Is Welfare Doing Its Job When the Need Is Great?

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Eighteen states have cut their welfare rolls in the last year amid the worst economic crisis since the Depression. These cuts are drawing attention to welfare's efficiency and effectiveness. Celia Hagert, senior policy analyst at the Center for Public Policy Priorities in Austin, Texas, talks about how the state's welfare program is faring.


Every day, as the economy seems to be growing worse, you might think you'd see more and more Americans on welfare. But last year, 18 states cut the number of people receiving public benefits. One of those states was Texas. Here to explain is Celia Hagert. She's a senior policy analyst at the Center for Public Policy Priorities in Austin, Texas. Welcome to the program.

Ms. CELIA HAGERT (Senior Policy Analyst, Center for Public Policy Priorities): Thank you.

COHEN: This week, the New York Times published a state-by-state analysis of cuts to welfare rolls. Texas was one of the biggest drops. How many people approximately got cut?

Ms. HAGERT: Well, we saw probably about a 15-percent reduction in the last year. But welfare rolls have been dropping in Texas since 2003 as the result of a policy the state decided to put in place to curb enrollment and reduce welfare spending, and that's known as the Full Family Sanction Policy. Basically, that means if a family doesn't meet one of the program requirements - for example, the work rule or the requirement that they keep their children in school and up to date on their immunizations - the whole family loses assistance immediately. And that's been the driving force behind welfare-caseload declines in Texas for the past five years.

COHEN: You work with many people on the ground. What does that mean when people aren't meeting those requirements? Do they just give up in terms of trying to receive assistance from the government?

Ms. HAGERT: Well, that's what the data show, is that rather than it being an effective compliance tool, where people are cut off and think OK, I've got to meet these rules and get back on, they simply disappear. About a third of the people that get sanctioned every month come back onto the rolls within six months. So, we're very worried that instead of improving compliance with the rules, it's simply forcing people off the program.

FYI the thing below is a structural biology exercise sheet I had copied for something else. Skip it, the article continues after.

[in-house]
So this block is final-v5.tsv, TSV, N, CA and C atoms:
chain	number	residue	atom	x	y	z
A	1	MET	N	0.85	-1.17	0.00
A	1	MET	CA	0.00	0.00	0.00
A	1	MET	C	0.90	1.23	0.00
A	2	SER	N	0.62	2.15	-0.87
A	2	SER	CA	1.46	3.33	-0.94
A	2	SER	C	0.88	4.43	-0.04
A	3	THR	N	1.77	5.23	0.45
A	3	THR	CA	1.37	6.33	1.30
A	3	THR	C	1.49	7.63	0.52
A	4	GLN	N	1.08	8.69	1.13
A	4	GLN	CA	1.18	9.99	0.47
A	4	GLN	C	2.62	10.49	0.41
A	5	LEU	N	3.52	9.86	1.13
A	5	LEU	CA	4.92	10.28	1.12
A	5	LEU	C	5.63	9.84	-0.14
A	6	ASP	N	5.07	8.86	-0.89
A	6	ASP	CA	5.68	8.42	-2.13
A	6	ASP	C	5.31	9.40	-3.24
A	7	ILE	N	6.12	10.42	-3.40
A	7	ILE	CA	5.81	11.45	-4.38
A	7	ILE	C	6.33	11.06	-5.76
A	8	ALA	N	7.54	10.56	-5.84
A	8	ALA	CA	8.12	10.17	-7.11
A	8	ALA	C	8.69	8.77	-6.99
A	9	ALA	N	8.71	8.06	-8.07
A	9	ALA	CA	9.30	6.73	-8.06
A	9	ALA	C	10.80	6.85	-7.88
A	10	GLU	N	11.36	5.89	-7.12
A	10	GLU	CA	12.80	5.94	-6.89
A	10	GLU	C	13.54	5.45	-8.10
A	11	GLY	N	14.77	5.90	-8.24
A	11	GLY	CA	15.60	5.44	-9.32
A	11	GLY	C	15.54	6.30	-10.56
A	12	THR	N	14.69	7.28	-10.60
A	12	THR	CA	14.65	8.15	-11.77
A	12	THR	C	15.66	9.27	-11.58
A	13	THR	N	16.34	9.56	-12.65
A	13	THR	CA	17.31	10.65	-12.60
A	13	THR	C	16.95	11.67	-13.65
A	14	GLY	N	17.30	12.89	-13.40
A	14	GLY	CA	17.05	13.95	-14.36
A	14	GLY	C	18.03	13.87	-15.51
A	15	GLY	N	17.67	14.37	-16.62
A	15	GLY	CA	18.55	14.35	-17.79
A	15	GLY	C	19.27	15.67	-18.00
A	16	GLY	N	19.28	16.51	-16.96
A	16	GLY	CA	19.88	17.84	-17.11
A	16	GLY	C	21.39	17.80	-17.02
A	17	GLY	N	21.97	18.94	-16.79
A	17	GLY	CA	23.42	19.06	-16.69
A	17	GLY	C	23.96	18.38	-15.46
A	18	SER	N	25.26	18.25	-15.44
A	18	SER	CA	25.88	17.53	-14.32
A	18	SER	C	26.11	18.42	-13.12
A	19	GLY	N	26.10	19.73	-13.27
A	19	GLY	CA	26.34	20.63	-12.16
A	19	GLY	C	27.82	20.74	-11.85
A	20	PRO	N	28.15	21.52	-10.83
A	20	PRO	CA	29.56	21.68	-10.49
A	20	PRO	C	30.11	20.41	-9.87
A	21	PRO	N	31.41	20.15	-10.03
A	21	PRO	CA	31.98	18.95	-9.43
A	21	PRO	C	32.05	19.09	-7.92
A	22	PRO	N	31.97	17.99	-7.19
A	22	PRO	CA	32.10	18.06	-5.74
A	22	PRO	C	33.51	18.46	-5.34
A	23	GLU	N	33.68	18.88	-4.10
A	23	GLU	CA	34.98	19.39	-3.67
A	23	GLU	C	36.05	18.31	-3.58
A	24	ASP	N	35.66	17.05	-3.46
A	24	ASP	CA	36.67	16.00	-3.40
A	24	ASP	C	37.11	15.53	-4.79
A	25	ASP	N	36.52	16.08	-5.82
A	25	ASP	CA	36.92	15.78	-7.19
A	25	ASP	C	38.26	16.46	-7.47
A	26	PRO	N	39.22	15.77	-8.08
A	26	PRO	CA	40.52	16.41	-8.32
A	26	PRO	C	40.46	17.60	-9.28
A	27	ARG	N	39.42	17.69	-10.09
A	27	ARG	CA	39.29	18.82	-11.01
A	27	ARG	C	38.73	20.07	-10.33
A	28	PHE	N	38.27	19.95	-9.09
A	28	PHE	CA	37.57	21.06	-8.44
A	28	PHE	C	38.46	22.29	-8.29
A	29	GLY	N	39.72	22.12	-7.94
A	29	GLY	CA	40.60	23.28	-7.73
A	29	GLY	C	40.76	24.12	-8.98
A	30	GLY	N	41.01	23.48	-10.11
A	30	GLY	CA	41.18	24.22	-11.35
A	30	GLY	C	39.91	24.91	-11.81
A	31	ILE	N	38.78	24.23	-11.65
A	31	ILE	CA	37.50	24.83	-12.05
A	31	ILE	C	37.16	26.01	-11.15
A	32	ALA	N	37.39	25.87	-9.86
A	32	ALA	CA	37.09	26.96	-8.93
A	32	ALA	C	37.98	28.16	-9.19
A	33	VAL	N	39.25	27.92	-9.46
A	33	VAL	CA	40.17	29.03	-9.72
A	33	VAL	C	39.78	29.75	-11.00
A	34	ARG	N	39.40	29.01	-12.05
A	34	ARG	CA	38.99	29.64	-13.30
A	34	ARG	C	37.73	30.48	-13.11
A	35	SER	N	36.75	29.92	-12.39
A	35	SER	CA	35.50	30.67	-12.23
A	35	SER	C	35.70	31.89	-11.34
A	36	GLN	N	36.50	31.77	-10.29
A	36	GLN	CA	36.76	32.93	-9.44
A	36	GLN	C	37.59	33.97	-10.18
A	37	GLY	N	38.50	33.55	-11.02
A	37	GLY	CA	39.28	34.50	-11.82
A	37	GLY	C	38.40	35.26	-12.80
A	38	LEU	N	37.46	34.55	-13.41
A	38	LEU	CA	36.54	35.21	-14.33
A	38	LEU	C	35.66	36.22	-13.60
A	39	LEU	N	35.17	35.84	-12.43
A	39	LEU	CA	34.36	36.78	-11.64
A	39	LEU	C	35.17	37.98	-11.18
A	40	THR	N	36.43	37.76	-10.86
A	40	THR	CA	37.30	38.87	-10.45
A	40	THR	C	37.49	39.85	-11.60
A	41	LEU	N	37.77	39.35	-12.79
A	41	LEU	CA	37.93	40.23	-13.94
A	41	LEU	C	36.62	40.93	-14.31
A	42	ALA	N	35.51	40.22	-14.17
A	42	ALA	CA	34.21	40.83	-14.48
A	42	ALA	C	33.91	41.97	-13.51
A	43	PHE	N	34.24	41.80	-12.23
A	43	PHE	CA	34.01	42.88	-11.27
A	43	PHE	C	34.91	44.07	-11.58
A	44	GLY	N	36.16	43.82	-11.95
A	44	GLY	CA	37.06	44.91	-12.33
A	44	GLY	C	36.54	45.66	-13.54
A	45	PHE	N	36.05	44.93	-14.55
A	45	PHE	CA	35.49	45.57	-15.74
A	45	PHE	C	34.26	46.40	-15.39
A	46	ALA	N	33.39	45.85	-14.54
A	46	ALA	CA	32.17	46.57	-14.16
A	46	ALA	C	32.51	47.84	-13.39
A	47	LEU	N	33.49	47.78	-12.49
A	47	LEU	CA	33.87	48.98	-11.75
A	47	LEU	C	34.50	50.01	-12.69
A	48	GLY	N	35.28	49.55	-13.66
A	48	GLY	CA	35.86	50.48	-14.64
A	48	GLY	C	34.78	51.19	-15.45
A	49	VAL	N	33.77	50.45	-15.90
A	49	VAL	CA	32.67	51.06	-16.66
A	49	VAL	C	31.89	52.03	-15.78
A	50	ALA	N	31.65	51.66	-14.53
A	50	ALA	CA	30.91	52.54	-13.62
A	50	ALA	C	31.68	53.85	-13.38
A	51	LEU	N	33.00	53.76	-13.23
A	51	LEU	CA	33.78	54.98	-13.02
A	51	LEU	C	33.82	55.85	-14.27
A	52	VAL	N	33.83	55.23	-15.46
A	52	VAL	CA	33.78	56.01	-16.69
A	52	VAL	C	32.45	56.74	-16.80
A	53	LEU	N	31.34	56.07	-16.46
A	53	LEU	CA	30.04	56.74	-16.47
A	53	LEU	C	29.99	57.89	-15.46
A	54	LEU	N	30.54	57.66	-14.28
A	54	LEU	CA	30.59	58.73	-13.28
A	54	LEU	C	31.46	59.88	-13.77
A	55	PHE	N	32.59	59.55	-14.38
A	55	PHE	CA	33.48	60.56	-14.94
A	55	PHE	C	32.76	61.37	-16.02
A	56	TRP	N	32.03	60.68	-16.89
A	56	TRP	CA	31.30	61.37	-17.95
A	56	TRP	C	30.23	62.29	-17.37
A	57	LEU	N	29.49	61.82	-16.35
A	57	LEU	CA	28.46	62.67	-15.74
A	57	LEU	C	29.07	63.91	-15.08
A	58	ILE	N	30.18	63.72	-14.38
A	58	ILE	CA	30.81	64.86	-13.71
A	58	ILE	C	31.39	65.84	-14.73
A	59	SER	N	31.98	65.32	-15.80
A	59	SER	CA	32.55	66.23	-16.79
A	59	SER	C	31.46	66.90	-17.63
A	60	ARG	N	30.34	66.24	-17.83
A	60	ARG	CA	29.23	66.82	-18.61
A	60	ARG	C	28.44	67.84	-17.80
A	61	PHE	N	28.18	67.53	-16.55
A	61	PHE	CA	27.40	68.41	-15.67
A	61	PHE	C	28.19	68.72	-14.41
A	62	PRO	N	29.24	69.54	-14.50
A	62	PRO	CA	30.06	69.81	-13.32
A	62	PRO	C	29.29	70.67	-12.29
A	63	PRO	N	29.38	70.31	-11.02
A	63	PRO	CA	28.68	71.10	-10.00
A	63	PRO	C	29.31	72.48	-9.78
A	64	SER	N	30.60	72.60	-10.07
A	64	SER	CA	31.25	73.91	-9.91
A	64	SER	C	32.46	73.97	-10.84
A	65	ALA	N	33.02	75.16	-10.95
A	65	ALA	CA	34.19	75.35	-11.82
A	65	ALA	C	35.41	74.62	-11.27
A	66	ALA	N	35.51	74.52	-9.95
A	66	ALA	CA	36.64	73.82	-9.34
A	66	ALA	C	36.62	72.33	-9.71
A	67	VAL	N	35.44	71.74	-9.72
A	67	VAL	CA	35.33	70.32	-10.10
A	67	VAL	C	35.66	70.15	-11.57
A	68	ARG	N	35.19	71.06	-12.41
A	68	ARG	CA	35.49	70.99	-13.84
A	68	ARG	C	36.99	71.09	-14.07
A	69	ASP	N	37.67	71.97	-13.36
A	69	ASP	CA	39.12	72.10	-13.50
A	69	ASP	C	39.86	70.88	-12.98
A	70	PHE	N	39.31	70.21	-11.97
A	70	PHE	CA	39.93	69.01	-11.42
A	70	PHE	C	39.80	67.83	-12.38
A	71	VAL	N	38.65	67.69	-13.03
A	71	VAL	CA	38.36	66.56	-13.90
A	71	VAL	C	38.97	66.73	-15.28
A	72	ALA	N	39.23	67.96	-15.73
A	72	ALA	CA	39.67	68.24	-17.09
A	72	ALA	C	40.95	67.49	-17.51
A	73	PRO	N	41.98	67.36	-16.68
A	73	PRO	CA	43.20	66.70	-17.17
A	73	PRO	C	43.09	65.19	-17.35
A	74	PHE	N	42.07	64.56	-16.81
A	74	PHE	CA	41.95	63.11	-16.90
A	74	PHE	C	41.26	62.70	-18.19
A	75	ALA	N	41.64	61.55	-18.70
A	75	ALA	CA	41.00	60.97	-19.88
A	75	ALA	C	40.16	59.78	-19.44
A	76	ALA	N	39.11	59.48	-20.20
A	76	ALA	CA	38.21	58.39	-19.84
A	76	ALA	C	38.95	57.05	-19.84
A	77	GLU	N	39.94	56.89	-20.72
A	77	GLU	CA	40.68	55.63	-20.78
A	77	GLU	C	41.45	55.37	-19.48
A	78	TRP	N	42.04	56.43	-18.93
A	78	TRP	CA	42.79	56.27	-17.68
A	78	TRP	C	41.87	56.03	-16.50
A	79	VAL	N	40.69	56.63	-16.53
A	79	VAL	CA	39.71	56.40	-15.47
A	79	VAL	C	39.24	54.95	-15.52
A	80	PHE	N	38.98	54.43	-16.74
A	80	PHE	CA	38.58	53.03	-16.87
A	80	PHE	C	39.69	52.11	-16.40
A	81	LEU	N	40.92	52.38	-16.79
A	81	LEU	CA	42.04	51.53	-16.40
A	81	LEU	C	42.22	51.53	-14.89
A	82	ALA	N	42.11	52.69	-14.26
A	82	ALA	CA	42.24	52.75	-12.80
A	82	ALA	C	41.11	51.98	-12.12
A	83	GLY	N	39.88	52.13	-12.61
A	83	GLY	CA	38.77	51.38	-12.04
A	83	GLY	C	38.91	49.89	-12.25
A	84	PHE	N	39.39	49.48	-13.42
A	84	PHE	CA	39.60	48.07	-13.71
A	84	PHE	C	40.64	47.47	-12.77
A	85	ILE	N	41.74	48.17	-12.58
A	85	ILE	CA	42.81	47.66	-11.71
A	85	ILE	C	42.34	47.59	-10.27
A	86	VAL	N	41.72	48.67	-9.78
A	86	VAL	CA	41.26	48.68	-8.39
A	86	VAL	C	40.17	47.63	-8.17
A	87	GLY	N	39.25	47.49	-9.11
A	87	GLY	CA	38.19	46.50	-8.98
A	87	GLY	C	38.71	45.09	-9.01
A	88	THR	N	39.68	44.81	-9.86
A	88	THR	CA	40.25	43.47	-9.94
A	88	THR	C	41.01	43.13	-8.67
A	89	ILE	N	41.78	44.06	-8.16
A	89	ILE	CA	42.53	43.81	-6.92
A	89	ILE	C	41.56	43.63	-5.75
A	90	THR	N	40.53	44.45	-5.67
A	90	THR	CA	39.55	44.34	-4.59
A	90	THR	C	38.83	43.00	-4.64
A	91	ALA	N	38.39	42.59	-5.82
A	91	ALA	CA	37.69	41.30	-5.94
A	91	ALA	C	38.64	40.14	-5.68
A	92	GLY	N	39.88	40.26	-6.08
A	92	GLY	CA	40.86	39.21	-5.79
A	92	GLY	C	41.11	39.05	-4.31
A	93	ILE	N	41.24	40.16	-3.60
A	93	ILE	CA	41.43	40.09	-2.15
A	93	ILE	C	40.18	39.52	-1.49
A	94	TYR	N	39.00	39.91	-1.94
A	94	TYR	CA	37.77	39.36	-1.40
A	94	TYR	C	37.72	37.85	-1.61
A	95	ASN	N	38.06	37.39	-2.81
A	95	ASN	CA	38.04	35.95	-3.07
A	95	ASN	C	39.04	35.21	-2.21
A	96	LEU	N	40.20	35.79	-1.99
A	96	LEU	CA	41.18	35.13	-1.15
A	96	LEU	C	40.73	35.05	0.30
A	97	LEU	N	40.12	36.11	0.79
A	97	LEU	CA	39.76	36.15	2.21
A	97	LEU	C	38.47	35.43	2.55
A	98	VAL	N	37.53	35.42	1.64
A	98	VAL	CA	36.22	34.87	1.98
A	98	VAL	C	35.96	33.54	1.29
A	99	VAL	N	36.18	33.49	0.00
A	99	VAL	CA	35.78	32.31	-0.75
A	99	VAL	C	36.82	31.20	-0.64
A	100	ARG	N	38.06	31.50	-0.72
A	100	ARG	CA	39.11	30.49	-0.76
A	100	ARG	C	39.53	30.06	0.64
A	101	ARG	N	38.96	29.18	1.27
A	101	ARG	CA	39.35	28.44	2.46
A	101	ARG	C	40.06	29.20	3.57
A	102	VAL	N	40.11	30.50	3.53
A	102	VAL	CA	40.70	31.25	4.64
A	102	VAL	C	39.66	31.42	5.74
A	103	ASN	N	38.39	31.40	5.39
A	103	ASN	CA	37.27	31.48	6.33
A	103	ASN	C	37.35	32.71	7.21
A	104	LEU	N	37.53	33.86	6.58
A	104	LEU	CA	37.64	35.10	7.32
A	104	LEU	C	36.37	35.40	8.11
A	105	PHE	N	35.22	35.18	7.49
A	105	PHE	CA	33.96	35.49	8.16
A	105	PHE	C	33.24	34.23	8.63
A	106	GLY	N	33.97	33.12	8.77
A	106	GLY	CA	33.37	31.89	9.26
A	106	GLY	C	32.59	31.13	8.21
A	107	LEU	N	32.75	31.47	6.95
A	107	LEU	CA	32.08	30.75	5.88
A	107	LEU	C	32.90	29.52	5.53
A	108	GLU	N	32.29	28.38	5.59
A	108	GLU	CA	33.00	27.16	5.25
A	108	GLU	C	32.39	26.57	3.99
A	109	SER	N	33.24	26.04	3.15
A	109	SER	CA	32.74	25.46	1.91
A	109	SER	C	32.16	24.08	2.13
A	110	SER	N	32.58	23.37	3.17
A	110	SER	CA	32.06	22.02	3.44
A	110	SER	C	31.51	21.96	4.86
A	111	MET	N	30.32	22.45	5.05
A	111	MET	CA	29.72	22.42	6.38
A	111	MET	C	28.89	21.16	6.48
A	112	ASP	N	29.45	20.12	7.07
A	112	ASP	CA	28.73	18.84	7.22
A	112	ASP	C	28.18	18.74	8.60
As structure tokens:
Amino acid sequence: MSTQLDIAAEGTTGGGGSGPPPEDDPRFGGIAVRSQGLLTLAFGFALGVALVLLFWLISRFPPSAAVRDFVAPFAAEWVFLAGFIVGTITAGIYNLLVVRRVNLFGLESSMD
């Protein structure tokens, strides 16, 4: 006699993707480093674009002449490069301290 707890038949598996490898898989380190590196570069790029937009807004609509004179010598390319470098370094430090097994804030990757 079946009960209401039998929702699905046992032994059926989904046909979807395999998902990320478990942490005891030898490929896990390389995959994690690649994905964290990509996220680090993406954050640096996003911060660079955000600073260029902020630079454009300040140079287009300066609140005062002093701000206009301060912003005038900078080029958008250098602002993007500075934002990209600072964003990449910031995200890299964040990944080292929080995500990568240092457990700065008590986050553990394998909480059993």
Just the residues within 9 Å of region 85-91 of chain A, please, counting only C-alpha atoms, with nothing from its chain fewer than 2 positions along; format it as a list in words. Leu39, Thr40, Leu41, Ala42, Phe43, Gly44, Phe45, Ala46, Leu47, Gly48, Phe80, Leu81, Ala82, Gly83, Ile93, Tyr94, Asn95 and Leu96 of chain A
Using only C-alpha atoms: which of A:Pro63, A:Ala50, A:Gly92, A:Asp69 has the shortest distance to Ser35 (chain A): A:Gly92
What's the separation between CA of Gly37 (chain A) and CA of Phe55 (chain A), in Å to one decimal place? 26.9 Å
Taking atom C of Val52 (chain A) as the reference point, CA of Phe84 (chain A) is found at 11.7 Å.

COHEN: When people are bumped off of the welfare rolls, they still have to be taken care of somehow. Do they still wind up becoming the financial burden for the state?

Ms. HAGERT: They continue to be eligible for other kinds of state assistance, and if they are struggling to make ends meet, then they're going to turn to local sources of assistance. They're going to turn private charities. So, one way or another, their needs don't go away.

COHEN: Some people in Texas are saying that unemployment might be up, but there are still plenty of jobs out there in the lower-income levels, for instance, in home health care, and they're arguing that maybe welfare-to-work is actually successful. What's your response?

Ms. HAGERT: Well, I think, in some ways, welfare-to-work has always been successful in getting people, easy-to-employ people, into low-wage jobs. But what we haven't done a good job of in Texas is getting people to take that next step and get a job that has family-supporting wages and that really allows them to move ahead and into the middle class. But that really even only holds true in a decent economy, and I think it's much harder to get people even into that low-wage job when we have an economy like we have today.

COHEN: So, in your opinion, what does the new administration need to do to address the situation?

Ms. HAGERT: First and foremost, the economic recovery package that Congress is debating right now has to include relief to states to help them bolster their welfare caseloads and help them provide greater amounts of assistance to needy families. And there is, I think, in both the House and the Senate versions of the bill, there is a contingency welfare fund that will help states that provide greater benefits to low-income families during the recession in the next two years. But I think a more permanent fix is Congress really needs to revisit the Welfare Reform Bill and look for ways to make it a program that's going to be more responsive to economic recession and, really, make it a program that includes incentives for states not just to push people off the welfare rolls and into the first low-wage paying job, but incentives for them to really ensure that families are getting into a better job, that they're getting the education or training that they need to permanently get off welfare and move into the middle class.

COHEN: Celia Hagert is with the Center for Public Policy Priorities in Austin, Texas. Thank you.

Ms. HAGERT: Thank you.

(Soundbite of music)

COHEN: Day to Day returns in a moment.

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